Helicobacter pylori is a Gram-negative bacterium that colonizes the human stomach. H. pylori infection is associated with an increased risk of cancer of the distal stomach and peptic ulcer disease. In previous studies, we have conducted detailed analyses of a secreted H. pylori toxin (VacA). The H. pylori genome contains three genes that are distantly related to vacA, and each encodes a protein >250 kDa in size. Similar to VacA, these VacA-like proteins are predicted to be secreted by a type V (autotransporter pathway). Bacterial proteins that are secreted by autotransporter pathways typically have important roles in the pathogenesis of infectious diseases. In contrast to VacA, which has been studied in great detail, thus far there has been very little study of H. pylori VacA-like proteins. Recent studies provide evidence that one of the VacA-like proteins (FaaA) localizes to flagella and has a role in H. pylori motility, and another VacA-like protein (ImaA) has anti-inflammatory activity. Hypotheses: The overarching hypotheses of this proposal are as follows: (i) the transcription of VacA-like proteins is tightly regulated in response to multiple stimuli, thereby allowing orchestrated expression of these in a manner that optimizes H. pylori colonization of the human stomach, and (ii) each of the VacA-like proteins has a specialized function designed to enhance H. pylori colonization of the stomach. Study Objectives: The long-term goals of this work are to understand the molecular mechanisms that allow H. pylori to colonize and persist in the human gastric mucosa, to understand the molecular mechanisms by which H. pylori infection leads to the development of gastric cancer or peptic ulcer disease, and to develop effective strategies for the prevention of gastric cancer and peptic ulcer disease. The specific objectives are (i) to define the mechanisms by which faaA and imaA are regulated; (ii) to define the roles of FaaA and ImaA in H. pylori colonization of the stomach and H. pylori-induced gastric disease; and (iii) to define mechanisms by which ImaA modulates H. pylori-induced inflammatory responses. Methods: To investigate the regulation of faaA and imaA expression, we will undertake in-depth studies of the promoter regions of these genes and identify regulatory systems that are responsible for the observed regulation of gene expression. We will investigate the roles of FaaA and ImaA in vivo through use of a system that allows expression of these proteins under control of an inducible promoter. Finally, we will use multiple approaches to investigate how the presence or absence of ImaA influences multiple phenotypes, including assembly of the cag type IV secretion system.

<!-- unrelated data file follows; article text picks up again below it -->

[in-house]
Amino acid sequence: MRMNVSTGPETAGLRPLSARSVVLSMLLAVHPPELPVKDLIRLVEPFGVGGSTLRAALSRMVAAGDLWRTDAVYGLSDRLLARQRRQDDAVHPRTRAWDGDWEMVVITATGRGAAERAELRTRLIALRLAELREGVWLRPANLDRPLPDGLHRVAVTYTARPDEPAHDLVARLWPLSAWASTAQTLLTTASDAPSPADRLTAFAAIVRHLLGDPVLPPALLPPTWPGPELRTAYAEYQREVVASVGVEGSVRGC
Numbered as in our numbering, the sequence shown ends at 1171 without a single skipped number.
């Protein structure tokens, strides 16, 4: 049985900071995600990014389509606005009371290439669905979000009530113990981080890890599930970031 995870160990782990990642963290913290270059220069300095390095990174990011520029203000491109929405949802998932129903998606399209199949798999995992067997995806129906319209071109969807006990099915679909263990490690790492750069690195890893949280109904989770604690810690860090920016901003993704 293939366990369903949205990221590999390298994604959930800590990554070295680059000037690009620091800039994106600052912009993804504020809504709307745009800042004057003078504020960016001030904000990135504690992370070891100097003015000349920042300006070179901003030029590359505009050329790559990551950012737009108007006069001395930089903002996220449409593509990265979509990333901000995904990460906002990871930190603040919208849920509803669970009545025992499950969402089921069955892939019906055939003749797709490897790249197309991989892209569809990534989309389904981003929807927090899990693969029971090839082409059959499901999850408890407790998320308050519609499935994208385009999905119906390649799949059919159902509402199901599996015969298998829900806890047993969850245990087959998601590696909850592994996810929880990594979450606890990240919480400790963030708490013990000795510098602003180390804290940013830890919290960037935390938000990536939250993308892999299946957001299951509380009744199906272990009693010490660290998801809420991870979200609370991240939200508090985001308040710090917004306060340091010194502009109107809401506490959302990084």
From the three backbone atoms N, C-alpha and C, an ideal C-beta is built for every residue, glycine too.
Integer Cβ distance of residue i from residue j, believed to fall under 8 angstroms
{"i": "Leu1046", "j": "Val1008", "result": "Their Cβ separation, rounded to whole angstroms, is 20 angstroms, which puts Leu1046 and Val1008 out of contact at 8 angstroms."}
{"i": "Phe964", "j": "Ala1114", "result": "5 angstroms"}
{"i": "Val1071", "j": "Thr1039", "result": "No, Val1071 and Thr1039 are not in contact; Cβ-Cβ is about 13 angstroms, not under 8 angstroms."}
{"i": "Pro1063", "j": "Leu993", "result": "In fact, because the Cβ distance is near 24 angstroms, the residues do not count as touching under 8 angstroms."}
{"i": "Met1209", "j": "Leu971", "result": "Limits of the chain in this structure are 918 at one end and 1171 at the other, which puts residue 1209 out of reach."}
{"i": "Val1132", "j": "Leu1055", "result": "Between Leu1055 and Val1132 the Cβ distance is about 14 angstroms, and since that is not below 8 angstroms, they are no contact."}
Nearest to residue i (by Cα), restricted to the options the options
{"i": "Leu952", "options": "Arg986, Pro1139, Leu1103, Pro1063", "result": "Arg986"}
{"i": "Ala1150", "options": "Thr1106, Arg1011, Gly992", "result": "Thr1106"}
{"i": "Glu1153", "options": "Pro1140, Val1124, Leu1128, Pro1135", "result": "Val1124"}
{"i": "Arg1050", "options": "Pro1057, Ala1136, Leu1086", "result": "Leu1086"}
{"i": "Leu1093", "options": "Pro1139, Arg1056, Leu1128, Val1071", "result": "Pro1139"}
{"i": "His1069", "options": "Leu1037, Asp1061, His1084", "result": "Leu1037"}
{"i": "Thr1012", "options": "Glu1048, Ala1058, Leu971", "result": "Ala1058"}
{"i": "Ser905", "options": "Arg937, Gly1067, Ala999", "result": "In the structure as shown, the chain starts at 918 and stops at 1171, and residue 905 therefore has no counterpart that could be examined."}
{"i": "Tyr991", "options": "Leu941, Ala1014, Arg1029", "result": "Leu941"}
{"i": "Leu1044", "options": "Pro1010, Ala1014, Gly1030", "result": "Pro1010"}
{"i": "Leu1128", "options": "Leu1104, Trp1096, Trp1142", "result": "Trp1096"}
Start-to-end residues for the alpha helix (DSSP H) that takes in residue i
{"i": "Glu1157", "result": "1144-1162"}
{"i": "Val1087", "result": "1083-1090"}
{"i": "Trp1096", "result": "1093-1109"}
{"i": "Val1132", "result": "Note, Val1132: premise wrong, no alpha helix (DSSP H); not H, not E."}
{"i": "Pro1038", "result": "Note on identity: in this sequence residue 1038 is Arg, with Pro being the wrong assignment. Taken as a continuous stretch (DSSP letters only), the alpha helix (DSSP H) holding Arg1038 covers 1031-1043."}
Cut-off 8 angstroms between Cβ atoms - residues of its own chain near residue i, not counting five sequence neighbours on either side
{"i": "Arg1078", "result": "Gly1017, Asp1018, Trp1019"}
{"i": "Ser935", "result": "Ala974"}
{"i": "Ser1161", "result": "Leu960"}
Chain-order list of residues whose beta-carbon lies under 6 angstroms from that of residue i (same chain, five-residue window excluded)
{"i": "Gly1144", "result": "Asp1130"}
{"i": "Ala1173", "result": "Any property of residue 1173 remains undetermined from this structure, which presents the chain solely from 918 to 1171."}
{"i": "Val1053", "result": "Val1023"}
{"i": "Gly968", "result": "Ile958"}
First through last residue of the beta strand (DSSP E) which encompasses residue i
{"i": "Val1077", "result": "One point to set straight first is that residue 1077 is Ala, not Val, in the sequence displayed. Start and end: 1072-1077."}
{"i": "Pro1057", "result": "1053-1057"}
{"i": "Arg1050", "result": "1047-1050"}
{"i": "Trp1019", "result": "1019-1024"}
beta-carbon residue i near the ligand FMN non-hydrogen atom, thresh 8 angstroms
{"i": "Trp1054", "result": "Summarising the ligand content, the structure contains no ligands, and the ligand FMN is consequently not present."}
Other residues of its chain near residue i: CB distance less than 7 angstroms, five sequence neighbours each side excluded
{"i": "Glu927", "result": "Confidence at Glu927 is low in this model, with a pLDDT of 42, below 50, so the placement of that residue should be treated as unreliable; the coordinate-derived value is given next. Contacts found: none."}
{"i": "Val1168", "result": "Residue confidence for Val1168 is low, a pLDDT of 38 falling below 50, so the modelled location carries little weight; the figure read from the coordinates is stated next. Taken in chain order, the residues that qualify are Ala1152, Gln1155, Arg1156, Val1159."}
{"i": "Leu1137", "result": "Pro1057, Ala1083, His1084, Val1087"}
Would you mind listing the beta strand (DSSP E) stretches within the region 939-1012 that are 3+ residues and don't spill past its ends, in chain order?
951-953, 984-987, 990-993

Public Health Relevance

Helicobacter pylori infection is common among Veterans, and Veterans are at risk for development of H. pylori-induced diseases such as stomach cancer and peptic ulcers. During travel to various parts of the world, Veterans are at risk for acquiring H. pylori strains that coner a relatively higher risk of gastric cancer compared to strains found in the United States. The Veterans Administration currently spends millions of dollars each year for acid-suppressive drug regimens to prevent H. pylori-induced complications. Investigation of the molecular mechanisms by which H. pylori colonizes the human stomach and causes gastric diseases is likely to lead to the development of new approaches for the prevention and treatment of H. pylori infection, which would have important clinical implications for the care of Veterans.

National Institute of Health (NIH)
Veterans Affairs (VA)
Non-HHS Research Projects (I01)
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Infectious Diseases B (INFB)
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Veterans Health Administration
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